The Chinese government has kicked off investment along its much vaunted New Silk Road, with investments flooding into countries in Central Asia and Africa.

The One Belt One Road (OBOR) initiative is the single most ambitious infrastructure plan in the world today, and data seen by GTR shows that over the third quarter of 2015, the vast proportion of China’s governmental loans were disbursed along the route.

Seventeen out of 19 government loans agreed over the quarter were to projects and countries along the OBOR route, data from Grison’s Peak, a merchant banking firm, reveals. This constitutes some 90% of China’s overseas lending over the period.

Six loans were to African countries, totalling US$3.5bn, but most went the way of countries with larger framework investment treaties with China. Kazakhstan received four loans totalling more than US$2bn, as part of the US$23bn agreement the two governments signed last month.

Along the Eurasian branch of the route, VTB of Belarus received US$1.884bn in trade finance credit, while Turkcell of Turkey was given a US$1.25bn loan by the China Development Bank.

Over Q3, China pledged US$73bn to other governments – down 45% on Q2 – but perhaps the most significant was the largest defence deal China has ever agreed with a single country: a US$4.5bn pledge to Pakistan through the sale of eight submarines.

“In the mid-2000s the exuberant Chinese investment and loan promises in places like Africa were dubious,” Ethan Cramer-Flood, Conference Board

Interestingly, Grison’s Peak has also found that China’s ratio of actual investment versus pledged investment in important African markets is much higher than its two major rivals in the region, the US and Japan, since Xi Jinping came to power.

Research into two key East African trade hubs, Kenya and Ethiopia, shows that over the past 2.5 years, China has consistently delivered on its infrastructure project pledges. Those pledges are also much more manifold and substantial than those of its peers. In Kenya, China has delivered on 99.6% of the pledged investment in the country since Xi Jinping came to power, while in Ethiopia, the figure lies at 112.2%.

This seems to reflect a chance in China’s investment policy. In the mid-2000s, frequent pronouncements of large-scale infrastructure projects in Africa were often left unfinanced, with doubts over whether China had the capital in reserve to fulfil its place.

“In the mid-2000s the exuberant Chinese investment and loan promises in places like Africa were dubious, not so much because China didn’t have the wherewithal to provide the sums, but because the projects themselves underwent limited vetting, geopolitics appeared to be more important than economic logic. There were serious doubts about the recipient country’s ability to absorb the capital flows efficiently (or at all), government strategy trumped thoughts of potential returns, etc,” Ethan Cramer-Flood, China programme specialist at the Conference Board, a consultancy, tells GTR.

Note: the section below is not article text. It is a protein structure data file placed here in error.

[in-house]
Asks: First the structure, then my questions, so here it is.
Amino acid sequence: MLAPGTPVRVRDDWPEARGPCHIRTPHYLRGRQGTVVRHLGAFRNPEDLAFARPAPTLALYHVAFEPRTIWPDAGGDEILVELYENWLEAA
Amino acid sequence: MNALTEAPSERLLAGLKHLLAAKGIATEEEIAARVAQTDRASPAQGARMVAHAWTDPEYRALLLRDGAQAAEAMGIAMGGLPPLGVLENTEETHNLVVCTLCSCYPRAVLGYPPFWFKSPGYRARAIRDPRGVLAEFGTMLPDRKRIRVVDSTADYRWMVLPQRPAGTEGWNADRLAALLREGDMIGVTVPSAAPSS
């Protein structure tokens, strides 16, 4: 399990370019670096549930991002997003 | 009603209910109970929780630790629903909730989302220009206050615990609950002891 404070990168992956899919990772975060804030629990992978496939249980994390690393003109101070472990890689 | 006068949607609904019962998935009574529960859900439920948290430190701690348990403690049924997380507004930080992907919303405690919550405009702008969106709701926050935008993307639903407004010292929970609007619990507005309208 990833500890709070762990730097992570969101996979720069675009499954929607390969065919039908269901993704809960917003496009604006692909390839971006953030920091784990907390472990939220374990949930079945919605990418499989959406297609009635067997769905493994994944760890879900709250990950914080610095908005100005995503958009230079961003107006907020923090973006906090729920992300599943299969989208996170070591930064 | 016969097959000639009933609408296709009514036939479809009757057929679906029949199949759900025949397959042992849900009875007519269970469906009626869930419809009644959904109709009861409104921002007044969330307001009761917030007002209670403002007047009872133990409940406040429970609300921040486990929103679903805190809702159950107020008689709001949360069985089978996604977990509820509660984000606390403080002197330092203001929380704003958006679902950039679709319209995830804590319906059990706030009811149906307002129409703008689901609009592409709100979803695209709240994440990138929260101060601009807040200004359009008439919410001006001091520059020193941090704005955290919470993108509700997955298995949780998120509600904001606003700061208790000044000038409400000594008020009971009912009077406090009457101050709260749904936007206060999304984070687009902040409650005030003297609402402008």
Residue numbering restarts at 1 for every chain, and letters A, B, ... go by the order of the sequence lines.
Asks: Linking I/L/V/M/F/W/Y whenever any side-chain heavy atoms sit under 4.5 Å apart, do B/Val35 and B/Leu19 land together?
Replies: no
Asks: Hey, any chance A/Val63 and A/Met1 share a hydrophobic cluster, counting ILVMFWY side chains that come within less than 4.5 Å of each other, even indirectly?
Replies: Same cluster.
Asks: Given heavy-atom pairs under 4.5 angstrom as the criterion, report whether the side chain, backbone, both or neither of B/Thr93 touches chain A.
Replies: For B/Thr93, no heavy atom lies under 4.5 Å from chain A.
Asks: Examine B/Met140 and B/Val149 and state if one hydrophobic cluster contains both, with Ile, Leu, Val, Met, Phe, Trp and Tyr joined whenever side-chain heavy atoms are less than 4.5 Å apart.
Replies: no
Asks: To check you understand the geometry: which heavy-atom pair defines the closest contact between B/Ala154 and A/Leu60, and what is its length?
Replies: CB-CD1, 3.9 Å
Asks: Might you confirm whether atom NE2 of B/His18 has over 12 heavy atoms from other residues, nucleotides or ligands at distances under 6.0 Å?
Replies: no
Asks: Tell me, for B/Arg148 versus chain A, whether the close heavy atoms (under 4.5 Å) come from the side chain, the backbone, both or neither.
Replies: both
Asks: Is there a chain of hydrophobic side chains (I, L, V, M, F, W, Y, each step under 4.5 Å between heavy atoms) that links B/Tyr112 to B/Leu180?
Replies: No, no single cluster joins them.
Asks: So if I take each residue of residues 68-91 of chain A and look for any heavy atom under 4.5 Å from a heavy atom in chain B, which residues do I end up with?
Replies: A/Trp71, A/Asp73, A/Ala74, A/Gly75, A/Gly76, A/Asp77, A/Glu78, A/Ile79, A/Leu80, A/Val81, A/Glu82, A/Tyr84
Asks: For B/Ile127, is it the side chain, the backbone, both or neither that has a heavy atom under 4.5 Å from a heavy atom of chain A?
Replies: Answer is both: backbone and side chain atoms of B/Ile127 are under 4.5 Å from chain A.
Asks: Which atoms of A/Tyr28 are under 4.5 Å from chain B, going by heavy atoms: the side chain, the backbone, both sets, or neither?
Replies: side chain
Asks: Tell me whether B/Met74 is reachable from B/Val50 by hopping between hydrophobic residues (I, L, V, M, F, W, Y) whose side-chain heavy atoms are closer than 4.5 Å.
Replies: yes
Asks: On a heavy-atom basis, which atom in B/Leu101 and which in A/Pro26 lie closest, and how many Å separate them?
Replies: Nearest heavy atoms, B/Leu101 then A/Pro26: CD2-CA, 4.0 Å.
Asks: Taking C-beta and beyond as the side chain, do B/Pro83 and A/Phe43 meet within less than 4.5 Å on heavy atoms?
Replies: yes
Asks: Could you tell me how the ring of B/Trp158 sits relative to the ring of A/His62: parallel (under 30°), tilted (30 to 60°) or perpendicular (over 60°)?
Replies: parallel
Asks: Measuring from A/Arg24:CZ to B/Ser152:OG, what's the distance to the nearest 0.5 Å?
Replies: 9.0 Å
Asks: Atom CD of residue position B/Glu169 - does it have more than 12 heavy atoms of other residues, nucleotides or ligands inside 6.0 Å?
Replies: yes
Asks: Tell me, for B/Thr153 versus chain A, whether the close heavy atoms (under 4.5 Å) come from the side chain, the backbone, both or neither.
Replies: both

Cramer-Flood adds that OBOR investment seems more rational, with host countries more amenable to Chinese investment, particularly on shovel-ready projects or those that are well-considered. However, as the Chinese domestic economy continues to underperform, amid large-scale capital outflows, poor consumption and industry overcapacity, it remains to be seen where the substantial funds required for the OBOR projects will be sourced from.

Meanwhile, the US may ponder its waning influence on the African continent, despite having put significant effort into growing bilateral relations, both under the longstanding African Growth and Opportunity Act (AGOA) and a large number of trade agreements with individual countries.

Since AGOA was implemented in 2000, trade between the US and Africa has tripled, particularly trade involving apparel exporting nations such as Kenya, Lesotho, Mauritius, Swaziland. The US’ famed “pivot to Asia” under President Obama, spearheaded by the Trans-Pacific Partnership, however, could place US influence in the region into further doubt.

“There is one striking negative figure which is between 2013 and 2014, AGOA imports fell by roughly 50%. That’s largely due to what happened to the price of oil, but it’s not a good sign when you see that big of a drop,” Frank Samolis, chair of the international trade practice at Squire Patton Boggs, a US law firm, tells GTR.

He adds: “The TPP poses a challenge for AGOA because, looking primarily at Vietnam, one of the TPP members, because when TPP goes into effect they will have an enormous advantage relative to the AGOA countries because they will have unrestricted free trade.”

This could lead to a further set of free trade negotiations between the US and African countries, or perhaps some of the economic blocs on the continent such as the Common Market for Eastern and Southern Africa (Comesa) or the African Economic Community (AEC).

But as the figures and trends over the past two decades show, the US has a long way to go before it catches up with China, in terms of trade and investment in and with Africa.